The American Academy of Pediatrics publishes a journal whose title, to the surprise of few, is "Pediatrics." Their latest issue includes a Policy Statement entitled "The Crucial Role of Recess in School."
I agree with MOST of what is in the Policy Statement, but vehemently beg to differ with their assertion that "In essence, recess should be considered a child’s personal time, and it should not be withheld for academic or punitive reasons."
It must be disclosed that during my grade school years, on account of certain of my personal childhood propensities, yes, I did spend many a recess period sitting at my desk or in the principal's office. And my teachers, no doubt, would agree that I right well deserved those disciplinary disengagements.
This is yet another descent down the slippery slope of entitlements. Sending the child to the principal's office in lieu of recess teaches the lesson, and instills the value, of the relationship between rights and responsibilities. Making recess the child's "personal time" which cannot "be withheld for academic or punitive reasons" can only give the troublemaking brat another entitlement to exploit, and does not facilitate the development of taking responsibility for his or her actions.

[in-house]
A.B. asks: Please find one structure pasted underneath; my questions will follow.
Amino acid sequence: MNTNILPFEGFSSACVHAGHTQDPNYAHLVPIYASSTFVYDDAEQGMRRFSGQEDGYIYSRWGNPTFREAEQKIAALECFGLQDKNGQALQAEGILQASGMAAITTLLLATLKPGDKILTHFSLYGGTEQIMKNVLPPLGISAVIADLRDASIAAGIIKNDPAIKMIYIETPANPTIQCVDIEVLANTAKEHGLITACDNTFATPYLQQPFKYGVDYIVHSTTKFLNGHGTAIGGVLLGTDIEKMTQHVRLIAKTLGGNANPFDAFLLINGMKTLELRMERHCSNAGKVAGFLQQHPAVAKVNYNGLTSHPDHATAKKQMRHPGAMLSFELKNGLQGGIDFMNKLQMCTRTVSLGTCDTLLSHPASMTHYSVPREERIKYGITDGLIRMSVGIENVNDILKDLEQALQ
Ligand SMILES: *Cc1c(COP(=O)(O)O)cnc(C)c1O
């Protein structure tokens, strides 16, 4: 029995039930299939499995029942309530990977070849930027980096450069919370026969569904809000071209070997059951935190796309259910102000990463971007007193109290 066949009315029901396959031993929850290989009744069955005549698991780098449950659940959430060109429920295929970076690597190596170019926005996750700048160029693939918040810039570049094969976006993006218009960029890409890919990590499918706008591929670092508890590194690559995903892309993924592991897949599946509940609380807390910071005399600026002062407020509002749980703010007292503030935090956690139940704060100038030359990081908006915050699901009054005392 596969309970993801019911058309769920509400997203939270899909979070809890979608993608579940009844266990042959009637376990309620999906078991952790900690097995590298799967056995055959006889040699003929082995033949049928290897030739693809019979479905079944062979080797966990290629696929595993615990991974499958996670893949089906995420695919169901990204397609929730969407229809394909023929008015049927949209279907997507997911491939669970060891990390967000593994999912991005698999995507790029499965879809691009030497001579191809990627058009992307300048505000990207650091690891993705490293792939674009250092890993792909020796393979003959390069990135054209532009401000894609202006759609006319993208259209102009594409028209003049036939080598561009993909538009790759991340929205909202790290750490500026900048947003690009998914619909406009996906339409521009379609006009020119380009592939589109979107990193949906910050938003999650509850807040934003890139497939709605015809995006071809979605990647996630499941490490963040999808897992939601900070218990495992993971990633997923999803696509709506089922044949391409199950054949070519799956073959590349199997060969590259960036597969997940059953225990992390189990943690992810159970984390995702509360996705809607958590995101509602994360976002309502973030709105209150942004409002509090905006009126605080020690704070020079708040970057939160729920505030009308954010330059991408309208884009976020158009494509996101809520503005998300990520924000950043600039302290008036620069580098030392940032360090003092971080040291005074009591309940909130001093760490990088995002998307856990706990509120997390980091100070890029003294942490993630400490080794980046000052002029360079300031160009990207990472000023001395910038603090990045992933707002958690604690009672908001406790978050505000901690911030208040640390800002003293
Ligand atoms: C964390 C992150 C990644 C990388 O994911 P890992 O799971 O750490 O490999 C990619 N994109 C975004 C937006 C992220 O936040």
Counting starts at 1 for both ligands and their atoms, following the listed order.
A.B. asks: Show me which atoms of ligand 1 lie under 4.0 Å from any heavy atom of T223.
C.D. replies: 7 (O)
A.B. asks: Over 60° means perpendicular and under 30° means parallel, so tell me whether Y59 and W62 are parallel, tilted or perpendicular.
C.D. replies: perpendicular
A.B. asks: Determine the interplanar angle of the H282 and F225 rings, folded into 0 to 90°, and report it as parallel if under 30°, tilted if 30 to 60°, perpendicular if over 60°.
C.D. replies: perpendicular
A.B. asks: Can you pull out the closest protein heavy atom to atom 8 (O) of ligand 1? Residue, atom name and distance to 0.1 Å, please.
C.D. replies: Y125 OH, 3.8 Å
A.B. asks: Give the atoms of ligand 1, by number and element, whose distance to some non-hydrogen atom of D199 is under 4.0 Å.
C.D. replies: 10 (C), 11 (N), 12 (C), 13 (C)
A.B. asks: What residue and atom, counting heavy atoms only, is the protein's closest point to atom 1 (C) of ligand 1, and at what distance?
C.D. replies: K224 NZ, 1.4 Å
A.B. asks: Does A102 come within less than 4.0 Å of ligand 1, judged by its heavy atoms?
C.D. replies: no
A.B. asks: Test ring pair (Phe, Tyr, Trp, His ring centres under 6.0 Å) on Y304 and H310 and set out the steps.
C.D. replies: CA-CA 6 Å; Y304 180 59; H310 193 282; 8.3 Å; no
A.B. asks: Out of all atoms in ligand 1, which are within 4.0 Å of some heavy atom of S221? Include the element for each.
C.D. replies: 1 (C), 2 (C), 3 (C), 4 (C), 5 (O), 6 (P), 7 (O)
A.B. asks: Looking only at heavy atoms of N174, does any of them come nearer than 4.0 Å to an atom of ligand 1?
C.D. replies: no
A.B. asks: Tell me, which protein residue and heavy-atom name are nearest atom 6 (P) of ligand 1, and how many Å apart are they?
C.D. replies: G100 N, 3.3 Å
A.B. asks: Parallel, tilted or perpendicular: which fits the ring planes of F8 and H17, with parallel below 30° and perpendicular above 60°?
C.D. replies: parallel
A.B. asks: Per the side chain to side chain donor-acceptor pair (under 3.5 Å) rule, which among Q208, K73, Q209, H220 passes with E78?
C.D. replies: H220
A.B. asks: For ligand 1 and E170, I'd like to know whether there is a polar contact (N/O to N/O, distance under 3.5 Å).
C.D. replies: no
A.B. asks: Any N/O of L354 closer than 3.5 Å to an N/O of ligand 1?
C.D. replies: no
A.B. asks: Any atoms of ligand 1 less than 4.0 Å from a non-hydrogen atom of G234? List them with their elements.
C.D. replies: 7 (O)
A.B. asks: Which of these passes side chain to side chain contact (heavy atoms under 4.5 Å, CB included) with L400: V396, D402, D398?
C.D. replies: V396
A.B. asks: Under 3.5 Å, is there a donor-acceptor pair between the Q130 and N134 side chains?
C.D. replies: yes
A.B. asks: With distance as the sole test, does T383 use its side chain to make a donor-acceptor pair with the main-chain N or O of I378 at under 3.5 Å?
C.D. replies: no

I hold pediatricians in high regard as a profession, and most of the ones I know in high regard as persons. But when they stray from their area of expertise, they can cause all kinds of troubles and complications.
The late Dr. Benjamin Spock comes immediately to mind in that regard.